1).The Appreciators – “wow! what a cool job!” (genuinely curious and immediately accepting of an ‘arty’ career)
2).The Disbelievers – “is that even a real job?” (feigning interest and stifling laughter)
Sadly, so often design is hugely undervalued by non-creatives and yet if it were really that easy to come up with imaginative concepts day in, day out, surely everyone would be capable and thus eliminate the need to employ a designer in the first place?! My very good friend and Graphic Designer, Michelle Abrahall, has recently written a great article on this which you can read here.
Today however, I don’t want to dwell on the ‘non-believers’ of this world! Today I would like to share the best part of this job and that is to see your designs actually out there, selling well and being worn.
I mentioned in my last post that one of my designs was about to be delivered and last week I was able to see it first-hand, in-store, on a visit to London. I know it’s not groundbreaking and it won’t be winning any awards this year, but it is commercial and on trend which means at least it’s got half a chance of selling!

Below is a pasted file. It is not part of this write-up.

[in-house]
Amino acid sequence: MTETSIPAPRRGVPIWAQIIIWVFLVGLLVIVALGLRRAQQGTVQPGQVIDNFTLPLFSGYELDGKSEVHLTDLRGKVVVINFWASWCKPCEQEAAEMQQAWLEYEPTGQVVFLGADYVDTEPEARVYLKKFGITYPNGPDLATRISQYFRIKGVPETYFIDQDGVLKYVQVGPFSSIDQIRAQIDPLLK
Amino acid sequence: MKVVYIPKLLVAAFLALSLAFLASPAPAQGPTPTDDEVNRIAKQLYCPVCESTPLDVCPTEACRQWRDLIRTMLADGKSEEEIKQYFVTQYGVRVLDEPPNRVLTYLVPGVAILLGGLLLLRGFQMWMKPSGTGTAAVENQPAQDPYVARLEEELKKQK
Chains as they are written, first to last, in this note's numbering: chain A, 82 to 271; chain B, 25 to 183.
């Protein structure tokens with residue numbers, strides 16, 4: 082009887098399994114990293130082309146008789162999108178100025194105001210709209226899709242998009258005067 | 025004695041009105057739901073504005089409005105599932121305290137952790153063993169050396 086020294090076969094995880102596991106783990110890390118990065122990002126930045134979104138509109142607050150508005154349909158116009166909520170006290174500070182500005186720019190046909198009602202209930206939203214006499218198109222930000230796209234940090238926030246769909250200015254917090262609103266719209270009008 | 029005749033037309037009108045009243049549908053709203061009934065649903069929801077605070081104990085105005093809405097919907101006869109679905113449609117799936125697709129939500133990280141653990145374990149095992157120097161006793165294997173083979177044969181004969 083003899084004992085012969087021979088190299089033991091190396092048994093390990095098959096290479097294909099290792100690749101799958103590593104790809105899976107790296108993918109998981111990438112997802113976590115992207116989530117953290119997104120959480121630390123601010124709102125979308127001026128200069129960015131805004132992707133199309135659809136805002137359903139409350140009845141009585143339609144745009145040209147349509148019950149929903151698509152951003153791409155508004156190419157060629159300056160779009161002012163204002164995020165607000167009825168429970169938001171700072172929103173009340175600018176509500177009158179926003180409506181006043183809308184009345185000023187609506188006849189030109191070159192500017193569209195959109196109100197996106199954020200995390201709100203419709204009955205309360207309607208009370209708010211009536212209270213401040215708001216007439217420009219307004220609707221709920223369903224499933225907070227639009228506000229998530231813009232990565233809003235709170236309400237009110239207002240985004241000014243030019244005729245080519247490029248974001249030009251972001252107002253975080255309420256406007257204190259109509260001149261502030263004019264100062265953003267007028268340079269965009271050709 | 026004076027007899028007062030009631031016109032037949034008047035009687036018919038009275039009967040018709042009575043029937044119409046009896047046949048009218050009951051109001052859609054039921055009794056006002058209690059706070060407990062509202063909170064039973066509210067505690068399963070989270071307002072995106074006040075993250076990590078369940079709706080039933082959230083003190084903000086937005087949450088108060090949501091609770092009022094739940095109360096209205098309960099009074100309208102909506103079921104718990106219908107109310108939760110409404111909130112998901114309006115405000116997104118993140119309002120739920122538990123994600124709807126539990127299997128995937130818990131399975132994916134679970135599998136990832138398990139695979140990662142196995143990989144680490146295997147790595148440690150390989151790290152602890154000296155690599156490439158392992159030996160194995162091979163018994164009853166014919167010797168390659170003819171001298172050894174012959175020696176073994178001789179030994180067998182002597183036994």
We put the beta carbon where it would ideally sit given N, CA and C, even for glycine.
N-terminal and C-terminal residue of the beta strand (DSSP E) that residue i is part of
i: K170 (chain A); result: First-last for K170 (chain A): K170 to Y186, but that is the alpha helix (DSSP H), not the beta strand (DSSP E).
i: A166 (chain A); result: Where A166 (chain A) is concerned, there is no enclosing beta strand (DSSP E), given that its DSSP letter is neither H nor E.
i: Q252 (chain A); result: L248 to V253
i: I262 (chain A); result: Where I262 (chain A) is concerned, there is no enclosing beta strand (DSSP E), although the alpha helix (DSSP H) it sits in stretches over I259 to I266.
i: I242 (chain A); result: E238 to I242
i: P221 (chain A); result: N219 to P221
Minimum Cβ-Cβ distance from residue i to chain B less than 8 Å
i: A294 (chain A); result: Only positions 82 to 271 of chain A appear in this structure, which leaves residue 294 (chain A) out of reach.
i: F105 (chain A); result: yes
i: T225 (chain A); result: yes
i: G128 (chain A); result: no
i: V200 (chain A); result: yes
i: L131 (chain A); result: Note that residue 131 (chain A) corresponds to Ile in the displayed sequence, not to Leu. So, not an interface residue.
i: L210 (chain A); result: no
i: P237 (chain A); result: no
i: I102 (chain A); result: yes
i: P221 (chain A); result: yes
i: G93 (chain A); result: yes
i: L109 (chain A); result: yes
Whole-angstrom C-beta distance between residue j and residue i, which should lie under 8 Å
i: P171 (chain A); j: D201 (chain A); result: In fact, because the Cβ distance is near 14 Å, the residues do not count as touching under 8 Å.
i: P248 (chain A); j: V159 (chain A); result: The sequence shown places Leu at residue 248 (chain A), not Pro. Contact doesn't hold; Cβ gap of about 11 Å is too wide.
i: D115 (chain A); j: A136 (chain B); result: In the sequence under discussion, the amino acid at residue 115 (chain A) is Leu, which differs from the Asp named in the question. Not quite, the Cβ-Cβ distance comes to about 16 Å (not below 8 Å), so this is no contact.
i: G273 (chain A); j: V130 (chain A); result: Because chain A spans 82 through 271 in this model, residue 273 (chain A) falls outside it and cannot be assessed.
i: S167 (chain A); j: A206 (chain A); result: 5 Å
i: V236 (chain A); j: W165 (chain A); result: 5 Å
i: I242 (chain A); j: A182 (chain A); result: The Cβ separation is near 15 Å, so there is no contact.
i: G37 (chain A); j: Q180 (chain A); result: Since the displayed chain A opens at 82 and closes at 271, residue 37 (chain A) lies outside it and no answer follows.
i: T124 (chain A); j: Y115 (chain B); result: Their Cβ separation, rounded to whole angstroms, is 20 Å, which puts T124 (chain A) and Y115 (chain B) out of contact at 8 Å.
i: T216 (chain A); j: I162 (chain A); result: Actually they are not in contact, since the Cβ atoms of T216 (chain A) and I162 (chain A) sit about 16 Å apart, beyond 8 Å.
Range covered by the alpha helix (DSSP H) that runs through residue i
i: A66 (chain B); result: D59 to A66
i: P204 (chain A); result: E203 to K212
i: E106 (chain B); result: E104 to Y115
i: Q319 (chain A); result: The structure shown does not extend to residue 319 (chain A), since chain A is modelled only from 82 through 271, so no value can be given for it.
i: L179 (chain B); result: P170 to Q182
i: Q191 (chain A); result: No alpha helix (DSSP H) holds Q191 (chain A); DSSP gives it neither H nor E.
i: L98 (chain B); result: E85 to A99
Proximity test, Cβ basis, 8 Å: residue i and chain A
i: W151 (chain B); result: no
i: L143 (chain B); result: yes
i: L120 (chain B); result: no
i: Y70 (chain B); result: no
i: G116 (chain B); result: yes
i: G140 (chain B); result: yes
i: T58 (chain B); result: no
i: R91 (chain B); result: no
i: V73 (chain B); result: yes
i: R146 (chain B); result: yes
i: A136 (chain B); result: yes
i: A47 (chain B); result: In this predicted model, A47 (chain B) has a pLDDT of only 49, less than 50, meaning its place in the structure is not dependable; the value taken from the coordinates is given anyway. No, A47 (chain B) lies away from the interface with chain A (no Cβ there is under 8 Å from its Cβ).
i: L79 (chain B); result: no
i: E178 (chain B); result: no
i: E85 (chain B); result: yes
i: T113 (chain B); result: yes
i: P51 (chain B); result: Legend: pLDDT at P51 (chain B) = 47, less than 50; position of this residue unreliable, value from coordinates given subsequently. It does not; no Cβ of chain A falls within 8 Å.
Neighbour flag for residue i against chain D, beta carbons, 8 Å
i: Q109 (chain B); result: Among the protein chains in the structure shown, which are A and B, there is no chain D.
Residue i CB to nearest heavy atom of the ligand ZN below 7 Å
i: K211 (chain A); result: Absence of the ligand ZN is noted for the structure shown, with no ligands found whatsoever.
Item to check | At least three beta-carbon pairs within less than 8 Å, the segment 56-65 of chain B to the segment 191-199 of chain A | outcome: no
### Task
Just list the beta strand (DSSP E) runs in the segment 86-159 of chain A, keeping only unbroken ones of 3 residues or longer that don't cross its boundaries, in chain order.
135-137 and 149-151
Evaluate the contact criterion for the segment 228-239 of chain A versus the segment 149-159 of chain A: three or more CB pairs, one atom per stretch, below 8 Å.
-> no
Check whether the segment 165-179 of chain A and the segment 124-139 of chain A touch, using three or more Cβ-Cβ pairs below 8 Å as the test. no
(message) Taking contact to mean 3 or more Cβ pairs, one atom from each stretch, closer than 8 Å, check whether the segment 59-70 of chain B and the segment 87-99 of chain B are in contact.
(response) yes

To all those friends, family, (especially my wonderful parents), and ‘appreciators’ who have always encouraged my creativity, here is just a tiny, little success story, but one which I am still immensely proud of. And to all those who thought my career a funny one: who’s laughing now…?! 😉
Over the last few months one of my favourite projects has been to develop a new range of men’s vulcanised shoes for AW15. My initial ideas can be found below. They were subsequently developed into CADs, then spec sheets and finally the samples we have ultimately been busy showing customers. It’s always exciting seeing a 2D design come to life as a 3D shoe and it’s so satisfying to be able to present the final samples to clients and see the reactions first-hand!